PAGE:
Last Updated on June 27, 2021 by Calibre 11
It’s easy to get caught up in the hyperbole of writing about watches- reading most press releases you’d get the impression that every new model hand crafted in the Swiss Valleys was a ground-breaking chapter in that brand’s history. A technical and artistic revolution, all contained in a wristwatch.
But even with this warning in mind, let me put forward this view: the re-edition of the 1964 Heuer Carrera from 1996 is the single most important TAG Heuer (i.e. post 1985) ever released.
Try and imagine today’s range not only without the Carrera, but without the Monaco and without the special editions like the Silverstone. Imagine a range today that ignored the “old” Heuer heritage, from the innovation of the Mikrograph in 1916 to the images of Steve McQueen in Le Mans. Because if it wasn’t for success of this Carrera re-edition, then it’s easy to imagine that TAG Heuer would have once again turned its back on the past and instead focused solely on the avant garde.
As well as being a truly significant watch, the Carrera re-edition also comes with a great story. A watch that not only set a new direction for the brand, but also a watch that helped sell a company.
History of the Carrera
The seminal article on the history of the Heuer Carrera is this 2002 review by Chuck Maddox and Matthias Liebe-Kleymann, who describe in great detail how the Carrera evolved from its introduction in 1964 through to its “final” Heuer days in the mid-1980s and then its re-birth in 1996.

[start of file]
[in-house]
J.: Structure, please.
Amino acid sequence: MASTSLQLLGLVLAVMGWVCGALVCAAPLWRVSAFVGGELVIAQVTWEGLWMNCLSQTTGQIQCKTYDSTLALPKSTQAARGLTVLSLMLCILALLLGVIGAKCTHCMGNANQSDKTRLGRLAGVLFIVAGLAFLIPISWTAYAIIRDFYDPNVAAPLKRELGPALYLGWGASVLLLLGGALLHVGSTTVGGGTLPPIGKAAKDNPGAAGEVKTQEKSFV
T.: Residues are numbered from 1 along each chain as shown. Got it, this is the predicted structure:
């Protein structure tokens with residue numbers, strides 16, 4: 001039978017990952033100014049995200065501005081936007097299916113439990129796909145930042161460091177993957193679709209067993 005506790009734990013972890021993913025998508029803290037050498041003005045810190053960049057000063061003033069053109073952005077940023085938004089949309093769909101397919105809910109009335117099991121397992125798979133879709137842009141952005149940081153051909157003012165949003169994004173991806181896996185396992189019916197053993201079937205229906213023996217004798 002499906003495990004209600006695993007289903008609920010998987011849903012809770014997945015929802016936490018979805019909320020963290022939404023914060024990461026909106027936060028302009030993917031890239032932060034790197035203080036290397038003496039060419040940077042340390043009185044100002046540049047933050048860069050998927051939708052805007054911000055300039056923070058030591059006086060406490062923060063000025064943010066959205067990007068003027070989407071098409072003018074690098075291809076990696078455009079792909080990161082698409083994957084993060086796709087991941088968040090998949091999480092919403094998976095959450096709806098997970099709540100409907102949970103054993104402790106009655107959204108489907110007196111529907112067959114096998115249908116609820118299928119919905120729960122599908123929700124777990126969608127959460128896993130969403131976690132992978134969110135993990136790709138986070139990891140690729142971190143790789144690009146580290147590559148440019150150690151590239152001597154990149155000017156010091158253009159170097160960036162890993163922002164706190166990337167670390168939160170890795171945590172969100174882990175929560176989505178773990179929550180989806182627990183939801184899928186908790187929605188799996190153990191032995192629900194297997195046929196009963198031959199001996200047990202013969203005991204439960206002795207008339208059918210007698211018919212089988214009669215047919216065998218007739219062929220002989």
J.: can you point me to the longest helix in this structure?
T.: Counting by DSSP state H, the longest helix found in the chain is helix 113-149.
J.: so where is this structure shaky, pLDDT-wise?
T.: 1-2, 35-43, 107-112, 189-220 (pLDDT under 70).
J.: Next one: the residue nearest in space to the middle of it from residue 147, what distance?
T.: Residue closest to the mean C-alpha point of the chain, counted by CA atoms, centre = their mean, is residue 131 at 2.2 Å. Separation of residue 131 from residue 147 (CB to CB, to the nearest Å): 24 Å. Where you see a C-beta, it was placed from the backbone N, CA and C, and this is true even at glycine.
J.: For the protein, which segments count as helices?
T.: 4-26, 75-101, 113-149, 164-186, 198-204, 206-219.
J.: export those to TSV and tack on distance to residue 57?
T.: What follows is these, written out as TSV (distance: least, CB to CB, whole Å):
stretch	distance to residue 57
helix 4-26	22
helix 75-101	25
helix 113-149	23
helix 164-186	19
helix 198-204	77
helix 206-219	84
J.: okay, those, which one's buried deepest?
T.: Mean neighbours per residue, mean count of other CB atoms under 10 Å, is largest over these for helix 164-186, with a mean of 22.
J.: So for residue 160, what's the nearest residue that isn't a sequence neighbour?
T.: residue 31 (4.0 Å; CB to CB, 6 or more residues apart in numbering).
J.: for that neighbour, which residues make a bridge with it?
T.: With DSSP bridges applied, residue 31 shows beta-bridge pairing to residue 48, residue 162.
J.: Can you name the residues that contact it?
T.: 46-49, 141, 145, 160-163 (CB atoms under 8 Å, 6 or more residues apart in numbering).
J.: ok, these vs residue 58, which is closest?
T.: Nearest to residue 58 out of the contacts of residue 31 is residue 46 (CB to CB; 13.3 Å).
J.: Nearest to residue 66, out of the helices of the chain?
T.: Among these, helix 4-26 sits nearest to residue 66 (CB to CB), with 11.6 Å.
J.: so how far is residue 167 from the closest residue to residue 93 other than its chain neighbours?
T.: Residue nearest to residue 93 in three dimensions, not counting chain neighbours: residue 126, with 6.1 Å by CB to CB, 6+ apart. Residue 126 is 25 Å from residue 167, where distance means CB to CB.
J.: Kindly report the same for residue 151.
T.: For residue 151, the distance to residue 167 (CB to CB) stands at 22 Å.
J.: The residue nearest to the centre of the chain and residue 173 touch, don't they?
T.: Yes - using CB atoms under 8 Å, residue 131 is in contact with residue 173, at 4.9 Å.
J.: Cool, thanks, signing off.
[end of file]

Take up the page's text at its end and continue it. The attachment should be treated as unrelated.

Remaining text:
It was this article that inspired me to start writing this website, because I found that I went back again and again to re-read the “story” of the Carrera.
The Search for Heritage
The Carrera was initially dropped around 1986, with stock continuing into 1987. The watch just didn’t fit the new direction- the “six features” and emphasis on the avant garde.
But ten years later, the Carrera was back- this time as a pure slice of nostalgia as you can see from the catalog scans below. So what changed?
The story that I have heard about the Carrera re-edition starts with the planned initial public offering (“IPO“) of TAG Heuer in the mid-1990s. Techniques d’Avant Garde (TAG) sold 40% of TH to private equity firm Doughty Hanson in 1995 and along with the management team, the parties were looking to tap into the growing market for luxury brands going public.
But there was a problem- apparently some of the advisers to the company became concerned about potential investors marking down the company because of the perception that TH was really just a marketing company- after all, they didn’t make movements- and they didn’t seem to have a real heritage story to help sell the romance of investors buying into a luxury brand.